Supreme Court Lets Stand New York’s Vaccine Mandate Without Religious Exemption

United States Supreme Court Building. (Library of Congress)

WASHINGTON (The Washington Post) — Over the objection of three justices, the Supreme Court on Thursday left in place New York’s coronavirus vaccine requirement for health-care workers that drew a challenge over its lack of a religious exemption.

The court’s order came on the final day of its term, as the justices also announced their final decisions and what additional cases they will review when the court reconvenes in October. The justices returned to lower courts more than a half-dozen related matters.

In the New York vaccination case, the court in December had rejected an emergency request from doctors, nurses and other medical workers who said they were being forced to choose between their livelihoods and their faith. They said they should receive a religious exemption because the state’s rule allows one for those who decline the vaccine for medical reasons.

While the majority at the time did not give a reason for rejecting the emergency applications, three justices said they were eager to decide the merits of such a case. The court also had denied a similar request from health-care workers in Maine.

The same three justices – Clarence Thomas, Neil Gorsuch and Samuel Alito Jr. – objected Thursday to the court’s refusal to review the New York requirement that includes a medical exemption but no exception for religious objectors.

Thomas noted in a dissent that federal and state governments have implemented emergency measures in response to the coronavirus pandemic, and many, he wrote, “were not neutral toward religious exercise.”

“There remains considerable confusion over whether a mandate, like New York’s, that does not exempt religious conduct can ever be neutral and generally applicable if it exempts secular conduct that similarly frustrates the specific interest that the mandate serves,” he wrote.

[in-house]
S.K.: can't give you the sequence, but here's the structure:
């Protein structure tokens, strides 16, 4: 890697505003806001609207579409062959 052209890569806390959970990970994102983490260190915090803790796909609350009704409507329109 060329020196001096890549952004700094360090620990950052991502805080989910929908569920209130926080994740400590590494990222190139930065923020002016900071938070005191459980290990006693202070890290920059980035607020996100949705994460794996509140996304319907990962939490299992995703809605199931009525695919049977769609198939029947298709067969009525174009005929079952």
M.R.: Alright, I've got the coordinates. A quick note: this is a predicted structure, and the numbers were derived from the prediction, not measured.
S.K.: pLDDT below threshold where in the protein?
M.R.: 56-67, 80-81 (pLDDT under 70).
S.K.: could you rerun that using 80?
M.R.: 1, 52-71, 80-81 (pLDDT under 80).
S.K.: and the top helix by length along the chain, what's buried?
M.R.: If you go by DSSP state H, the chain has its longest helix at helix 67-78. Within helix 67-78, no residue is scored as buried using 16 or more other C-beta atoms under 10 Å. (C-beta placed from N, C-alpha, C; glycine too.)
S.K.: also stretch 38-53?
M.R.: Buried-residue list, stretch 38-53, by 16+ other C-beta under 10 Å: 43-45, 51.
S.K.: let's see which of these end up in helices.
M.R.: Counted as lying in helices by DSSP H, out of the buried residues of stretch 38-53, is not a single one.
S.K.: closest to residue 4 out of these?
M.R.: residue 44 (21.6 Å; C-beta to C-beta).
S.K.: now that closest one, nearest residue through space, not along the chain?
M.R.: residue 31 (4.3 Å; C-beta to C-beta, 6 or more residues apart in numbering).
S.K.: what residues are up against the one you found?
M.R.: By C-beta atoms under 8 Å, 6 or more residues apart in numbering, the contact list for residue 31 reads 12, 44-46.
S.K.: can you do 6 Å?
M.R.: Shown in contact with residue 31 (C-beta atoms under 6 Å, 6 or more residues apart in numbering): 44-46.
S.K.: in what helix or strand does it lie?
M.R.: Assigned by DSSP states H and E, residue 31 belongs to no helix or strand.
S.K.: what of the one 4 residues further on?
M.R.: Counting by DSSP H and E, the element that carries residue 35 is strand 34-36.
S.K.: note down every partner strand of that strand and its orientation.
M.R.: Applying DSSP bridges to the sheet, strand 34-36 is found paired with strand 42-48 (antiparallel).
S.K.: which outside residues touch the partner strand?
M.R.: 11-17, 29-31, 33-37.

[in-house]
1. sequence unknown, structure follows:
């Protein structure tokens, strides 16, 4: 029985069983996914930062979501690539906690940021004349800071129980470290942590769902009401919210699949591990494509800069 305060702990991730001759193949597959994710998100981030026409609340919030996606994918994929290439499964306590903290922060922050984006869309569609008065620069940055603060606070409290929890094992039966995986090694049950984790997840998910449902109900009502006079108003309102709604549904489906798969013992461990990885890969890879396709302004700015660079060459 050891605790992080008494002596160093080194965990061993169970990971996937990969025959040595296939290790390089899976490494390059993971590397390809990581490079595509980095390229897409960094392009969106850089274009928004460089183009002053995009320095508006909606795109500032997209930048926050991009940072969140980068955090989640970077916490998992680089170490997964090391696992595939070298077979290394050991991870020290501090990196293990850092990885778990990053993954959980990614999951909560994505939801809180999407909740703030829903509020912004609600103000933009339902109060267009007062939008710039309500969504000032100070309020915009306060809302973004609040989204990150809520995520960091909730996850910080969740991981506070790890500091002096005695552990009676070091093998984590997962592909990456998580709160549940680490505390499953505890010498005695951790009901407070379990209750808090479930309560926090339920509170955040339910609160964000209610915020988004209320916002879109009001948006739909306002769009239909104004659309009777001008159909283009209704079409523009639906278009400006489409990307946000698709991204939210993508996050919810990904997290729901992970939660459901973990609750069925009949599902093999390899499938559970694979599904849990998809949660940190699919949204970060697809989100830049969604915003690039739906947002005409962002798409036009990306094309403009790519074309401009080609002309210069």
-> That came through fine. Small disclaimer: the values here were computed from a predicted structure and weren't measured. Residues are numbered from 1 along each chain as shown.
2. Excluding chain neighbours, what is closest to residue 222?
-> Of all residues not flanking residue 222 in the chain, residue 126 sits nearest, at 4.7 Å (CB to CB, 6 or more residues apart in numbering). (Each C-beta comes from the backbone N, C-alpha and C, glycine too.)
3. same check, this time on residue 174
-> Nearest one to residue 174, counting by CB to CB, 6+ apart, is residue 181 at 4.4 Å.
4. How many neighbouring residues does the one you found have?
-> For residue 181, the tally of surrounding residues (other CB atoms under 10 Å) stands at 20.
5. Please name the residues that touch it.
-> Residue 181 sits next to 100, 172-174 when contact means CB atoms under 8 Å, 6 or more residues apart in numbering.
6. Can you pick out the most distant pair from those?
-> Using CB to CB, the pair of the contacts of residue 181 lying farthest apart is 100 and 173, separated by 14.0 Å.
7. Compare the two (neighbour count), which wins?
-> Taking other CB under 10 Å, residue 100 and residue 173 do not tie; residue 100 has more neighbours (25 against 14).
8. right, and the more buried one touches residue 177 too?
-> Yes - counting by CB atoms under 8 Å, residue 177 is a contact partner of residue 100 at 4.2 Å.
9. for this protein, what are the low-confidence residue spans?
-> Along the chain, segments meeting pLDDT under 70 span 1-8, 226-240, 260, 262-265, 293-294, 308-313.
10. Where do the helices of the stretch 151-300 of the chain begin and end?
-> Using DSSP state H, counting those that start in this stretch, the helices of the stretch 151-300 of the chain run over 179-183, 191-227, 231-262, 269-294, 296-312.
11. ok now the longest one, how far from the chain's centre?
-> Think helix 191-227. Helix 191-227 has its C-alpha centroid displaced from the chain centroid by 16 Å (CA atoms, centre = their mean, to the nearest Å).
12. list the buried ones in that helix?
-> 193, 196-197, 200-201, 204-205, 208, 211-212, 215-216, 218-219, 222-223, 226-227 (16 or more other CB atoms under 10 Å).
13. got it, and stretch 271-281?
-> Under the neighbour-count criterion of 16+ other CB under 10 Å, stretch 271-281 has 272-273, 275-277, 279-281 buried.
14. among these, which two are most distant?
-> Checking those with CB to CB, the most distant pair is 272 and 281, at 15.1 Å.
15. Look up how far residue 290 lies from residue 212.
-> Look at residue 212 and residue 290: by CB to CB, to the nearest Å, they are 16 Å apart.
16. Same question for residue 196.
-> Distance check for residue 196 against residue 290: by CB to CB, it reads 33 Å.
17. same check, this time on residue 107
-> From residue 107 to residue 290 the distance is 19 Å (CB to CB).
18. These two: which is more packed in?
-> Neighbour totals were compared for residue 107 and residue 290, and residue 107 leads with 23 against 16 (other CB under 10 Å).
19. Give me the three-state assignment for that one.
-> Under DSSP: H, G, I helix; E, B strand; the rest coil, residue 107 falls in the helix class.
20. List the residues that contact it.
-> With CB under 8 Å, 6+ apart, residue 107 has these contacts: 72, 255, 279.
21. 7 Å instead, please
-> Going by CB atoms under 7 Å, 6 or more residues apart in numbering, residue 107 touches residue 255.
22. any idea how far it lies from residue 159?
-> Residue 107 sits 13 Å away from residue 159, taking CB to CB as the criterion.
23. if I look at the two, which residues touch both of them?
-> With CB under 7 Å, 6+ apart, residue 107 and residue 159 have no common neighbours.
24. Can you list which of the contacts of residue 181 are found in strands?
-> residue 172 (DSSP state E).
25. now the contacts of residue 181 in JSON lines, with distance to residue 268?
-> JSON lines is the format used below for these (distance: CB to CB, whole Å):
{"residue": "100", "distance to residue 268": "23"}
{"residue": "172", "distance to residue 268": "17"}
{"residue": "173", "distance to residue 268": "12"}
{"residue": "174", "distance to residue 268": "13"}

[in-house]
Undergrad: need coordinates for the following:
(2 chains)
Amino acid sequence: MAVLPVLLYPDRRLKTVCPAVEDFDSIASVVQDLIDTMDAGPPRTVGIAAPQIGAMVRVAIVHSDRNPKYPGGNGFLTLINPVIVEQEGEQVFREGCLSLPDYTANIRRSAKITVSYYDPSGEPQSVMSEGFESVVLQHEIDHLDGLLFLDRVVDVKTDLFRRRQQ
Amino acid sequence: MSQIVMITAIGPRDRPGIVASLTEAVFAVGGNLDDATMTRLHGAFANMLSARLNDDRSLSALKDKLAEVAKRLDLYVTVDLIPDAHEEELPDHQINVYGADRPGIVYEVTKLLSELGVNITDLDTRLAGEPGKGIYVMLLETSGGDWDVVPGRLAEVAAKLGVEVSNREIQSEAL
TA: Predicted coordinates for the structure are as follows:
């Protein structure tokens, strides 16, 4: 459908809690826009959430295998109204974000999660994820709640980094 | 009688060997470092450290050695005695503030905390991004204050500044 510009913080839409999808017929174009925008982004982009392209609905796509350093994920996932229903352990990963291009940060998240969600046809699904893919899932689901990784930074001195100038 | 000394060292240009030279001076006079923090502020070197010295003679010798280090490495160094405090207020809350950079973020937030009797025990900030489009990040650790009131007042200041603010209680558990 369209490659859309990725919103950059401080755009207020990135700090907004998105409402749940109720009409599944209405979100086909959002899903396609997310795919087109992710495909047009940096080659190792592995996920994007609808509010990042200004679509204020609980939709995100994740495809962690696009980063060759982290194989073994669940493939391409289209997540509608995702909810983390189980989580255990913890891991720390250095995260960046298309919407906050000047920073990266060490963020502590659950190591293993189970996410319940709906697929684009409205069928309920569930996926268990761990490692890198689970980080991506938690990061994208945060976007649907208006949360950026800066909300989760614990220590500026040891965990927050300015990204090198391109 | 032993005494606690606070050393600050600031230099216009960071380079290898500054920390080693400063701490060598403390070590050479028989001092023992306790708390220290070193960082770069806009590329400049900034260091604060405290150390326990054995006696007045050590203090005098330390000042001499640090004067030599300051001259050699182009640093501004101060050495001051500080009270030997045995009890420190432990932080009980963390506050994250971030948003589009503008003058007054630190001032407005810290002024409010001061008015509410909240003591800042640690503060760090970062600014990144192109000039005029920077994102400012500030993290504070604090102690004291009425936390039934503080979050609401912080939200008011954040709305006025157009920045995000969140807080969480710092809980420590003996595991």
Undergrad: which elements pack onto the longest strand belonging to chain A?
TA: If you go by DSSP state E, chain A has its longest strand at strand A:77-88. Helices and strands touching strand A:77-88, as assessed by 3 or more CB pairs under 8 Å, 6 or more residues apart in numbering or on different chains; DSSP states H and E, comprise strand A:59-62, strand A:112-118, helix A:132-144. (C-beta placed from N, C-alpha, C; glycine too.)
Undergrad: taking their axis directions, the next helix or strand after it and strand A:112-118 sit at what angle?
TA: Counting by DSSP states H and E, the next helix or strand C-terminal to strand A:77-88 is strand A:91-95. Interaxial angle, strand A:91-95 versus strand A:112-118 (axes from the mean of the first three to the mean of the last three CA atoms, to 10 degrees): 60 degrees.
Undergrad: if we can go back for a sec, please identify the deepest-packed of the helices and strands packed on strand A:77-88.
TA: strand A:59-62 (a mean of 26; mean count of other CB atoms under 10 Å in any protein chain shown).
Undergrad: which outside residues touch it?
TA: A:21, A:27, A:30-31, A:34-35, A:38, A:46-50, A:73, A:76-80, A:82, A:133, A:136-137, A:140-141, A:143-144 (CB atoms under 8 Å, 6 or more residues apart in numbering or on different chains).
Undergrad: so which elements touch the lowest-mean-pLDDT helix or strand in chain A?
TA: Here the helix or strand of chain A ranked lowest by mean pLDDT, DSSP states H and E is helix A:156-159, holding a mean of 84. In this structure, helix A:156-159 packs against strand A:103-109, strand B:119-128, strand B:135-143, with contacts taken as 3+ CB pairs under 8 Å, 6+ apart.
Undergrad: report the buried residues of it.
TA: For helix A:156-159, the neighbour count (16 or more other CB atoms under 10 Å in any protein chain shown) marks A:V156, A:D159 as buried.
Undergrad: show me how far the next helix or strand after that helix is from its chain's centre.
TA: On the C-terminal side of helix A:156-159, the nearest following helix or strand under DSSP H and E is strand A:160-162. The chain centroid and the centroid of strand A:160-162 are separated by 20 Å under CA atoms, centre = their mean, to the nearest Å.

Thomas said his colleagues should provide guidance to lower courts “before the next crisis forces us again to decide complex legal issues in an emergency posture.”

In the December order that refused to stop New York’s regulations, Gorsuch criticized New York Gov. Kathy Hochul, a Democrat, for rescinding a previous religious exemption.

“The State’s executive decree clearly interferes with the free exercise of religion – and does so seemingly based on nothing more than fear and anger at those who harbor unpopular religious beliefs,” Gorsuch wrote. “We allow the State to insist on the dismissal of thousands of medical workers – the very same individuals New York has depended on and praised for their service on the pandemic’s front lines.”

Last August, New York announced the vaccine requirement for health-care workers, with exceptions for religious and medical reasons. But eight days later, after the Food and Drug Administration gave full approval to the Pfizer-BioNTech vaccine, the state’s Department of Health narrowed the medical exception and eliminated the one for religious objectors.

“Like longstanding similar state vaccination requirements for measles and rubella, DOH’s rule at issue here contains a single, limited medical exemption,” New York Attorney General Letitia James said in a brief to the Supreme Court.

“That medical exemption is limited in scope and duration, exempting solely those employees for whom the COVID-19 vaccine would be detrimental to their health based on a preexisting health condition, and lasting only until immunization is no longer detrimental to that worker’s health.”

Court documents indicated about 96 percent of the state’s health-care workers have been vaccinated. Of those remaining, far more were asserting religious objections rather than seeking medical exemptions.

The case is Dr. A. v. Hochul.

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